TikTok’s 30-30-30 weight loss trend: Another gimmick or does it actually work?

The “30-30-30” method is one of TikTok’s latest health trends. It involves consuming 30 grams of protein within 30 minutes of waking up and then 30 minutes of cardio.

Advocates claim it supports steady weight loss and muscle preservation [1]. The first part of the 30-30-30 method involves consuming 30 grams of protein shortly after waking up.

Protein is crucial for the body’s repair and recovery [2].

The amount needed varies based on physical activity, typically between 1.2 to 2 grams per kilogram of body weight. According to Sinead Roberts, Lecturer in Sport and Exercise Nutrition at the University of Westminster, in an article published in The Conversation: “The amount of protein you need varies depending how much stress you put on your body.”

Higher protein intake can help preserve muscle during weight loss.

Breakfast often lacks protein, consisting primarily of carbs like toast or cereal. The 30-30-30 method aims to boost daily protein intake by starting the day with 30 grams of protein.

However, more is needed to meet daily protein goals; daily food choices are still important.

Protein is also filling, which may help reduce overall calorie intake, aiding weight loss. Consuming protein in the morning might help some people feel fuller, leading to less calorie consumption throughout the day.

However, this effect can vary among individuals.

The exercise portion of the 30-30-30 method includes 30 minutes of steady-state cardio in the morning. Activities like brisk walking or jogging fall into this category.

Research on exercise timing shows mixed results; some studies suggest morning exercise can improve metabolic health, while others find the timing less significant [3].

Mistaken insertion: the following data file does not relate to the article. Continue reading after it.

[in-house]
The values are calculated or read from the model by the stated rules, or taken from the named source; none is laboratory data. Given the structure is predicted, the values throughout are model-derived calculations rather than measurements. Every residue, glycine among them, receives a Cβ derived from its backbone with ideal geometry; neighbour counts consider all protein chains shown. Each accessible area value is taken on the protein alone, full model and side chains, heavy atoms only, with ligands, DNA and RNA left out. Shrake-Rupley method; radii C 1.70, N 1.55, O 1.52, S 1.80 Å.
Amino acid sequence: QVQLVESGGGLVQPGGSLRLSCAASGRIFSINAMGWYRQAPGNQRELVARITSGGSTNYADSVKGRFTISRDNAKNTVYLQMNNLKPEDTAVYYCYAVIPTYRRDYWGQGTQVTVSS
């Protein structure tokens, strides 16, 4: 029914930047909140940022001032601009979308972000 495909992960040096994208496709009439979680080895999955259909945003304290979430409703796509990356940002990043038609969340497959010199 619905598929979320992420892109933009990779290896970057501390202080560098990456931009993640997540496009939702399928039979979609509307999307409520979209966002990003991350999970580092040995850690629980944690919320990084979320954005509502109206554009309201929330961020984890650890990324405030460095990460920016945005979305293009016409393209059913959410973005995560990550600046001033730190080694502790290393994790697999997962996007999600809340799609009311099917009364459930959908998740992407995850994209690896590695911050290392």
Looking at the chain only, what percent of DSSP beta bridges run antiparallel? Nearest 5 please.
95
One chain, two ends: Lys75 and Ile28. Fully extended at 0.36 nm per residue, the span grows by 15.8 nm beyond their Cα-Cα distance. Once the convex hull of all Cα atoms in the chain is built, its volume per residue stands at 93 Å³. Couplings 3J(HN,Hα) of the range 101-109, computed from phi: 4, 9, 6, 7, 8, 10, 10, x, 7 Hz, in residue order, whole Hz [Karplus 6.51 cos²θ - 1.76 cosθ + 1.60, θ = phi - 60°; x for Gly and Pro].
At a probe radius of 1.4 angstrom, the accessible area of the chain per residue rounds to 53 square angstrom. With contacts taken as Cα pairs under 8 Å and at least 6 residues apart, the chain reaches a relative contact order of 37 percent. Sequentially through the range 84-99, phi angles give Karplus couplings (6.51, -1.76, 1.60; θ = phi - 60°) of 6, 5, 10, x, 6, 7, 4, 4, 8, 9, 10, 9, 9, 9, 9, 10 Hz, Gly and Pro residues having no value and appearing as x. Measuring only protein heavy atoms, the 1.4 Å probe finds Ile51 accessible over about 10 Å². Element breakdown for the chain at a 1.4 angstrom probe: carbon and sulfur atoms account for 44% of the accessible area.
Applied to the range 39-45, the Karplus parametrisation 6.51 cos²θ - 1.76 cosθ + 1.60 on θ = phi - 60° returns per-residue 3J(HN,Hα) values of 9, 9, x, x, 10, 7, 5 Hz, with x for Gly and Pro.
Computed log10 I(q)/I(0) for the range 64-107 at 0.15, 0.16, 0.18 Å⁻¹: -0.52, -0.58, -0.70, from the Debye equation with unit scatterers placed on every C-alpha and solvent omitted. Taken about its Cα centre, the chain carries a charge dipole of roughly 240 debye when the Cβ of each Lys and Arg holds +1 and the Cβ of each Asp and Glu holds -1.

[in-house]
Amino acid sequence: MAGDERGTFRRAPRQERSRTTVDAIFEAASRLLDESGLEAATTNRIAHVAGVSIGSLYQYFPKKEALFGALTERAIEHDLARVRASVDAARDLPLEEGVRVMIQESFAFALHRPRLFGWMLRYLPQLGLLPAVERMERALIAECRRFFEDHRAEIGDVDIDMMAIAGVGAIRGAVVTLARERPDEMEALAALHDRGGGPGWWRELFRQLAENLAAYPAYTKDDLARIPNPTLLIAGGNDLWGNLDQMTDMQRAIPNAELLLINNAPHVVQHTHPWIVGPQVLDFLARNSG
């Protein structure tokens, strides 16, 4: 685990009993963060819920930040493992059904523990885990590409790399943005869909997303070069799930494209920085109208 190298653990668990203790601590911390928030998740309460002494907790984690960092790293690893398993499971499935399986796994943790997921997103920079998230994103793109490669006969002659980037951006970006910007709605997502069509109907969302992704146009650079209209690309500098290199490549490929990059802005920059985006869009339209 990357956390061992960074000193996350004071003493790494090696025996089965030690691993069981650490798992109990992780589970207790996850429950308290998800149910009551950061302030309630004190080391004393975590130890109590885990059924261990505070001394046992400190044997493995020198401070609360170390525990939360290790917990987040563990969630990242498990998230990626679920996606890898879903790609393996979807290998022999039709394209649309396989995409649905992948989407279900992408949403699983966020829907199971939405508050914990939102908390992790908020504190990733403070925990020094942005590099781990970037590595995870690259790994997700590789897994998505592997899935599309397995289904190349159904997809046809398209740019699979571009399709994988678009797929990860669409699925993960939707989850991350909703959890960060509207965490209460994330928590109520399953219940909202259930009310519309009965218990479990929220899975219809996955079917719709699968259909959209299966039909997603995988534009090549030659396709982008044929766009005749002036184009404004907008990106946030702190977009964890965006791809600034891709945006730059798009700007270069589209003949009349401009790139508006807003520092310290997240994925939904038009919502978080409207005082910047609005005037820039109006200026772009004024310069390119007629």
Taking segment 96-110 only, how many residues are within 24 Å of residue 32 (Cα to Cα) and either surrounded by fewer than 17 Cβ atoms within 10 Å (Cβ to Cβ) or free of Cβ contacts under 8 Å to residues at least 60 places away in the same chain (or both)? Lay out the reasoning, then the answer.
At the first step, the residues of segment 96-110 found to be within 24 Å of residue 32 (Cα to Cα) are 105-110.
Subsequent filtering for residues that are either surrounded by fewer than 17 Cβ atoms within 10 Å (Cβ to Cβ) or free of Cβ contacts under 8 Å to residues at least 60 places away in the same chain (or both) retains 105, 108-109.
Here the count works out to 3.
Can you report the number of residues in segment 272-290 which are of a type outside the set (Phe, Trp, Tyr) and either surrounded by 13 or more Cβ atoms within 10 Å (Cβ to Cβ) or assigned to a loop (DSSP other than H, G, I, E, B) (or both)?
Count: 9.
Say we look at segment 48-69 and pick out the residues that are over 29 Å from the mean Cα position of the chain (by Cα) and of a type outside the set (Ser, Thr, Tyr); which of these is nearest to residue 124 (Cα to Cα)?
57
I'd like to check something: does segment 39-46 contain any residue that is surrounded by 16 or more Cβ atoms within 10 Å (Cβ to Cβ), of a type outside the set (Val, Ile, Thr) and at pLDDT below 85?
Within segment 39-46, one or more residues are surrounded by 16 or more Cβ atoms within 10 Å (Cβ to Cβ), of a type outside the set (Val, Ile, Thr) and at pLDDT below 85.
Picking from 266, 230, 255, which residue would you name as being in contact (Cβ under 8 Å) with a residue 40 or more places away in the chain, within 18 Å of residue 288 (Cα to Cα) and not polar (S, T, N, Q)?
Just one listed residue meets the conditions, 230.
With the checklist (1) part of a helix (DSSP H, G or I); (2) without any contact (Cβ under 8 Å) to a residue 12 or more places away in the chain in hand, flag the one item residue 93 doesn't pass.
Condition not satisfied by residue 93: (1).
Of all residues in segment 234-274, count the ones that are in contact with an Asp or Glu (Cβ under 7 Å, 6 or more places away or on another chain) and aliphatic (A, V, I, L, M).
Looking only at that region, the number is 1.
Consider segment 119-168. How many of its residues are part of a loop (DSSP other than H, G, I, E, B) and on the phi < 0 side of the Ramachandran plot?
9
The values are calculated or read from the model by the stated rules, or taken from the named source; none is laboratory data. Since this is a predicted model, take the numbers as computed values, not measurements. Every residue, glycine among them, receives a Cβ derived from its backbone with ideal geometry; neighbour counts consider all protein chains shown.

The key is finding a convenient and enjoyable time for exercise, which increases consistency. Steady-state cardio is just one type of exercise.

Studies show it’s not necessarily more beneficial for health or weight loss than other forms, such as high-intensity interval training [4].

The 30-minute duration is practical, short enough to fit into a busy schedule but long enough to provide cardiovascular benefits and burn calories. While more exercise can be beneficial, it doesn’t always result in a linear increase in calories burned as the body adjusts its energy use.

The 30-30-30 method promotes habits that can support health and weight loss. Starting the day with protein and exercise can help establish a routine, but it’s not a guaranteed formula for weight loss.

[1] https://www.rte.ie/brainstorm/2024/0612/1453114-tiktok-30-30-30-fitness-exercise-nutrition-trend/
[2] https://pubmed.ncbi.nlm.nih.gov/20048505/
[3] https://www.ncbi.nlm.nih.gov/pmc/articles/PMC7492403/
[4] https://www.ncbi.nlm.nih.gov/pmc/articles/PMC4657417/

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